Monday, June 19, 2006

Christ and Caesar

I am beginning to think that it's a good idea to read Calvin along with the political philosophers. I can think of a very good reason for this. Calvin is reliant on traditional political distinctions that go back as far as St. Augustine, at least. These same ideas can be found in the seminal works of modern political philosophy. Calvin's thought is thus a bridge between the medieval world and modernity. At this point in the history of Western Civilization we are situated at a good vantage point to evaluate the consequences of these ideas as they have played themselves out.

Sociologist Steve Bruce has written a study on the impact of egalitarian and liberal democracy on religious practice entitled God is Dead: Secularization in the West. The cover of the paperback I bought shows an old stone church that has been converted into a discount warehouse for carpets. The facade of the church is plastered with signs advertising "Mike's Carpet Stores." Twenty feet away from the entrance, cars buzz by on their way to wherever modern people are in a hurry to go.

I can provide a personal anecdote to emphasize the point. A few years ago, my job took me to historic Santa Barbara on the California coast, a few hours north of Los Angeles. On my way walking through the downtown district, I happened upon an old Baptist church building built in 1928. Normally taking an interest in older church buildings, I was shocked to read the name of the church on the signboard in front. It read: "The Church of Skatan." The old church had been converted into a skateboarding retail shop!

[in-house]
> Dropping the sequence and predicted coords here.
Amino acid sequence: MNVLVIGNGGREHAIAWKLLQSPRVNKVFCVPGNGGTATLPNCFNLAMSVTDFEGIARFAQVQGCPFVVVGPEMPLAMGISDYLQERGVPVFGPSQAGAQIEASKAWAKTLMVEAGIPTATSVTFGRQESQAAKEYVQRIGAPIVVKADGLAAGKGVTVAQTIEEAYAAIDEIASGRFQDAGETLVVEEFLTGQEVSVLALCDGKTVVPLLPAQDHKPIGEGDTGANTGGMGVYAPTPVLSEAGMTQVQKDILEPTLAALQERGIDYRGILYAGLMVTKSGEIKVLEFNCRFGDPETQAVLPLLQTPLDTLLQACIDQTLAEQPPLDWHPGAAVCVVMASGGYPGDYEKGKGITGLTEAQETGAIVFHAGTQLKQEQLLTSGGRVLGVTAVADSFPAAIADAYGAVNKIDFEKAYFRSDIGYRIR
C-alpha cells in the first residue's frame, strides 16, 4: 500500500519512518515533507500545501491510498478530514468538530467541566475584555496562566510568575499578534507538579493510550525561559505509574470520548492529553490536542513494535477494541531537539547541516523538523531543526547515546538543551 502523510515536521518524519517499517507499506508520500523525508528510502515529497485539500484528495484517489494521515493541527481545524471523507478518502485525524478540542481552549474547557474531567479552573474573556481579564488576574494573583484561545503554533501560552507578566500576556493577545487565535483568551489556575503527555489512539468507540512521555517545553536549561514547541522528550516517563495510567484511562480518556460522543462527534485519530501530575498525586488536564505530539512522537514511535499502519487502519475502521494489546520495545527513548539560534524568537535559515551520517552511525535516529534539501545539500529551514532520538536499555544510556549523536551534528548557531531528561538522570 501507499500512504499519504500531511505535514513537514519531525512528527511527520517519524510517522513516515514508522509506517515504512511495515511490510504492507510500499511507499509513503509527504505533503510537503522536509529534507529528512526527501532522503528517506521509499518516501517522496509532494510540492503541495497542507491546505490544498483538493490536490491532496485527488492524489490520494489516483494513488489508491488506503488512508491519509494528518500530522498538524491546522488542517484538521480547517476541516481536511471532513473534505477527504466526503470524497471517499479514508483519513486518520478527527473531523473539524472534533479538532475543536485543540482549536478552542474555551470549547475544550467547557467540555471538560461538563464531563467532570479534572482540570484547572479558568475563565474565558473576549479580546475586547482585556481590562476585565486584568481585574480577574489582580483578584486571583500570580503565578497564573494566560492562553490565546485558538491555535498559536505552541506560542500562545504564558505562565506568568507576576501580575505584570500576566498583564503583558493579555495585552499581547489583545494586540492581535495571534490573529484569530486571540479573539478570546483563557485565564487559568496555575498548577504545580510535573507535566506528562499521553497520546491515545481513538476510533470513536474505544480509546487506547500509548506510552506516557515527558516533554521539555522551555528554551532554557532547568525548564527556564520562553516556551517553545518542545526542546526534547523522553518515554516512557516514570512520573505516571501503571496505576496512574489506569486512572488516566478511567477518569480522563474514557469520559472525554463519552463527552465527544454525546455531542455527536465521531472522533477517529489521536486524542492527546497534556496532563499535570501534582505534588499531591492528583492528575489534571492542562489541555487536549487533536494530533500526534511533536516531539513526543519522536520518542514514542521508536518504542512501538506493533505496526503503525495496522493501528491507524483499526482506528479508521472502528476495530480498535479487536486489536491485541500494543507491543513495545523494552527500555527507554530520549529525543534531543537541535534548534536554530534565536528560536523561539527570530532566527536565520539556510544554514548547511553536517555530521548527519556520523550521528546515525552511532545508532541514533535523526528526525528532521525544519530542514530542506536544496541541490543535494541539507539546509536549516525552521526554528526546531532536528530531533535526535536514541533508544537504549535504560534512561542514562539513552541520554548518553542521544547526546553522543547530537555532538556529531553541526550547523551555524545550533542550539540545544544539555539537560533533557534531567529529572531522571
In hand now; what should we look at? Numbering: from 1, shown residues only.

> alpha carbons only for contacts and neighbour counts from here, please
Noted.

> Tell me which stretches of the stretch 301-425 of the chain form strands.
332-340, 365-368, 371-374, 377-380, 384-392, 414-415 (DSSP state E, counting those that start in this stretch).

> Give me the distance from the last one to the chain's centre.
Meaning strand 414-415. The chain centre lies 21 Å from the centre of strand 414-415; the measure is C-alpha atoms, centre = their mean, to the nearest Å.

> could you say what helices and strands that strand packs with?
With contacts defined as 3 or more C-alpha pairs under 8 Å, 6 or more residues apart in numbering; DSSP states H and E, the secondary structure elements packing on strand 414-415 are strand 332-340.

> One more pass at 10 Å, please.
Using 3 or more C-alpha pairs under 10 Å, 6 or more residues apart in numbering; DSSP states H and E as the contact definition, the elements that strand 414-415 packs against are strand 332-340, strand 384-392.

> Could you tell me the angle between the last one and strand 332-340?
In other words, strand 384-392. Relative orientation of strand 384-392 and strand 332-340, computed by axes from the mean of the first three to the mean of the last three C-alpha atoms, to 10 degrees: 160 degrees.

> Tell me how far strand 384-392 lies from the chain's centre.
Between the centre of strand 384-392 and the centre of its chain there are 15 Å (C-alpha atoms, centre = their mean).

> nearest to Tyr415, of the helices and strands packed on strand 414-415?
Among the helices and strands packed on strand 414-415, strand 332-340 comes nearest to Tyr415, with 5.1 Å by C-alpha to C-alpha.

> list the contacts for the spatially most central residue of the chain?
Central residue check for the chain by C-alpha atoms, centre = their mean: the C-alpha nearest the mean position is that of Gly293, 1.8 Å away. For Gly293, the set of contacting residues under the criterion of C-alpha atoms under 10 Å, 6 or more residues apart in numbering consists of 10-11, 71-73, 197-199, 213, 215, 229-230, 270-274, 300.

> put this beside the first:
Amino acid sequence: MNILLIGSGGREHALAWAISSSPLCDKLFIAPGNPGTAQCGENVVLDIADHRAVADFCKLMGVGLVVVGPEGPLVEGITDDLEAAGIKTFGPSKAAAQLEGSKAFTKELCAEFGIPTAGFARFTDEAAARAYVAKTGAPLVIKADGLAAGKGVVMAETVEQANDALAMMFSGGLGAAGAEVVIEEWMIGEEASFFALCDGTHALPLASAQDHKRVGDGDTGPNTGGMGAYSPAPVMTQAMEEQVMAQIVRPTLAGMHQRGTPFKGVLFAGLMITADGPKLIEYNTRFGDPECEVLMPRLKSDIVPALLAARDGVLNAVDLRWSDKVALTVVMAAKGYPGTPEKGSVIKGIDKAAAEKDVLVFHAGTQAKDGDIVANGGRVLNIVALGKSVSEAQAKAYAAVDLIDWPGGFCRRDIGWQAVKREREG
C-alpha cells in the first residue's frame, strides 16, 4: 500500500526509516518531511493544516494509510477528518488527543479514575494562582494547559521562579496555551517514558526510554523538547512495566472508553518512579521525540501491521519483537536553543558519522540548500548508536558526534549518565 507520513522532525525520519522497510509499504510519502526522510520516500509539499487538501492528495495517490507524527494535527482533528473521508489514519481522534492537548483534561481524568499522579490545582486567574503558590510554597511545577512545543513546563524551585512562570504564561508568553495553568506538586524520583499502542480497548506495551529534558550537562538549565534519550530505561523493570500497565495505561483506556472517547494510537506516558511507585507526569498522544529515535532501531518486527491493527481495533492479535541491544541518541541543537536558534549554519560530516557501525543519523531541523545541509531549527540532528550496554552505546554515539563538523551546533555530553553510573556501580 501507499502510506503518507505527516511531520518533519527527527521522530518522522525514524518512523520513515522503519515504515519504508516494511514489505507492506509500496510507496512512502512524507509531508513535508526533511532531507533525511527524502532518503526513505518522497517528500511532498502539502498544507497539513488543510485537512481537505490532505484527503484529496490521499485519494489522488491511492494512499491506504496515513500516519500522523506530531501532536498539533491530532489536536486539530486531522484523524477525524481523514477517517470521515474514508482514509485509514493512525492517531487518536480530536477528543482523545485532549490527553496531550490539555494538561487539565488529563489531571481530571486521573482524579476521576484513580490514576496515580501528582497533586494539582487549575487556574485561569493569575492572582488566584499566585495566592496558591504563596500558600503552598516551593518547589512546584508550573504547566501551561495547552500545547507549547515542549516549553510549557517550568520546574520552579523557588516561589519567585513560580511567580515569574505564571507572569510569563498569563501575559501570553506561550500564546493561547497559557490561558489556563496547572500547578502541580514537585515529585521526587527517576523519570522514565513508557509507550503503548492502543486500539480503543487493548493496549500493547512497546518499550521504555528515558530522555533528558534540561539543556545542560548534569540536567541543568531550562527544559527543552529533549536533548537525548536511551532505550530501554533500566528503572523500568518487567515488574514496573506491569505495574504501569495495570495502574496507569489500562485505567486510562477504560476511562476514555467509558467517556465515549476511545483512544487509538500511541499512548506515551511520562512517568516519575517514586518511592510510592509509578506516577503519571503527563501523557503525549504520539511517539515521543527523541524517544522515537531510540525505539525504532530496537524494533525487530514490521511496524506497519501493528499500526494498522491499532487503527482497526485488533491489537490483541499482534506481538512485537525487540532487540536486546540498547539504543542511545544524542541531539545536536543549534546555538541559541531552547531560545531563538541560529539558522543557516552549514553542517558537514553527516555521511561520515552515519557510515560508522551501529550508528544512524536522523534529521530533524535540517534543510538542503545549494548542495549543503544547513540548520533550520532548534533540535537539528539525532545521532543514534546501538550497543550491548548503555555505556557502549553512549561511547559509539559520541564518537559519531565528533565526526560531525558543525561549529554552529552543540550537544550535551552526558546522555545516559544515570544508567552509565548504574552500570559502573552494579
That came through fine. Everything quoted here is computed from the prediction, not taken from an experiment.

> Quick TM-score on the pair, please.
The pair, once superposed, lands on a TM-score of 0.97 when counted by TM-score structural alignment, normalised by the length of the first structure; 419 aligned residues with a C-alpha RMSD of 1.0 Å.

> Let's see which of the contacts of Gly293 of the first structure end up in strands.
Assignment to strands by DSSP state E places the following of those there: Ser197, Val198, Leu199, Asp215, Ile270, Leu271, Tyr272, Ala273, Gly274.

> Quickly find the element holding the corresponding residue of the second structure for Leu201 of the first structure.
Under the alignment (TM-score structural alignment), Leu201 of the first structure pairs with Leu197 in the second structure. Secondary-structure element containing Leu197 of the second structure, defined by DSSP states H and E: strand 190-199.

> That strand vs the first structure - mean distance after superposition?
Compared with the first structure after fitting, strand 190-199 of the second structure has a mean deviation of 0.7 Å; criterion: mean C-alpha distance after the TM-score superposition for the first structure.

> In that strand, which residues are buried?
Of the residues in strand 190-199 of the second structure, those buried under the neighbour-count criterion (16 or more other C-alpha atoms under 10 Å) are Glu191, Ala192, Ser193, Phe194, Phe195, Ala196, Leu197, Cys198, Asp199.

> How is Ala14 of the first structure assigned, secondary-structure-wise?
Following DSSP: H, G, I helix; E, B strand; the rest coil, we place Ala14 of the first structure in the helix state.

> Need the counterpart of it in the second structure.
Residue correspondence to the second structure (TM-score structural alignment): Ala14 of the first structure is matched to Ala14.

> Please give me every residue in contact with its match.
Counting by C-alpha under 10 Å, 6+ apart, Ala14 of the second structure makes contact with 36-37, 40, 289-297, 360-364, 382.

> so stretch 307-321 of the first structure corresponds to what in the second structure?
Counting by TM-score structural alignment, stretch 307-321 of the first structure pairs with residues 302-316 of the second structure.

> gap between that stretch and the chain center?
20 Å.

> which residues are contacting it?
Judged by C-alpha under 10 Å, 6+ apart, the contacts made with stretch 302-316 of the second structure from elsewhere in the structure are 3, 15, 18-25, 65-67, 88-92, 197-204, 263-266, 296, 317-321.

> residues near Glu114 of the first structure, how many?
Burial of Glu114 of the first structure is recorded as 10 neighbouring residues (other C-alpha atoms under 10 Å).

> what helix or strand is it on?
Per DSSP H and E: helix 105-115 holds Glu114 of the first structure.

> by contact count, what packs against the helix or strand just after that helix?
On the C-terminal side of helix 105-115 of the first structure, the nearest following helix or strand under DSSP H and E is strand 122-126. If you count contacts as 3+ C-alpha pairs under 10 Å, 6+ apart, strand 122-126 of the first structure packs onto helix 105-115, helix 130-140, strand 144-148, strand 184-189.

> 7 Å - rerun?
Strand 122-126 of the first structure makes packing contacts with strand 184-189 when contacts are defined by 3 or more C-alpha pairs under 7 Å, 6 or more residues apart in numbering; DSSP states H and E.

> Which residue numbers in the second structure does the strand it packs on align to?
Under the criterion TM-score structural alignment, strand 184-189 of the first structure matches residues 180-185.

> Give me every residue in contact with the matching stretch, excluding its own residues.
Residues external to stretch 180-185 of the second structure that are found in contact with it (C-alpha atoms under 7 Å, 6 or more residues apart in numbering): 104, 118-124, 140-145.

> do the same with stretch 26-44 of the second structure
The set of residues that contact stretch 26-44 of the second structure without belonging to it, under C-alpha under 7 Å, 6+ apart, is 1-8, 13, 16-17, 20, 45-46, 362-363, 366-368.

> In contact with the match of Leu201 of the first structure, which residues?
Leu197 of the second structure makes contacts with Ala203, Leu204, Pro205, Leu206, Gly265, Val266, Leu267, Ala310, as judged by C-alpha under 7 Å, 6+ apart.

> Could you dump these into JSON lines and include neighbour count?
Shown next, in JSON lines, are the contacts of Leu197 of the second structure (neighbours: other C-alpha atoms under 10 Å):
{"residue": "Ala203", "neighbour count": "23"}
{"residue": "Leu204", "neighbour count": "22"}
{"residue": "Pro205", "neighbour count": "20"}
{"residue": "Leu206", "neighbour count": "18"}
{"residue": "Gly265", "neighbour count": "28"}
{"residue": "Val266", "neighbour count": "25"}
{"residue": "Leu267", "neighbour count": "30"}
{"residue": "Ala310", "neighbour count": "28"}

On its website, the Gray and Gray Architects firm informs us that, "Working with a very creative owner, we were able to respect the traditional feeling of the church and capture the independent spirit of the skateboarder."

Certainly Calvin would be appalled about either of these new uses for old church buildings. So, what does modern day church desecration have to do with Augustine, Calvin and political philosophy? Simply this: Augustine and Calvin are part of an intellectual trajectory that has ultimately led to the relegation of religion to disembodied spirituality. Of course, they both believed in the institutional Church and sacraments, contributing greatly to our understanding, yet valuable insights can host the pathogens of error.

Let's consider how Calvin comments on our Lord's teaching on the occasion of his being questioned about tribute to Caesar. This conversation between Jesus and some Pharisaic disciples is recorded in all three Synoptic Gospels and is set in the exact same context.

The conversation took place in the closing stage of Jesus' prophetic ministry, in the days after his triumphant entrance into David's city. According to Mark's account(11:12ff.), on the day after riding into the city to the acclaim of the crowds, Jesus cursed a fig tree he found bearing no fruit. Then he entered into the Temple and violently drove out the money changers. Subsequently, Jesus began telling parables about the wickedness of Israel's leadership and the disinheritance of national Israel. All three Synoptics record the Parable of the Tenants, while only Matthew records the parables of the Two Sons and the Wedding Banquet at this place, which are both variations on the same theme.

Antagonized by Jesus' condemning words against them, the rabbis and chief priests began to seek ways to arrest him. So they pursued the tactic of trying to trick Jesus into saying something that would bring the wrath of the Roman authorities on his head. And so, because Jesus was claiming that he was the Messiah and anouncing the arrival of his kingdom, the Pharisees sought to demonstrate that Jesus was inciting rebellion against Caesar.

Their ruse took the form of asking Jesus if taxes should be paid to Caesar or not: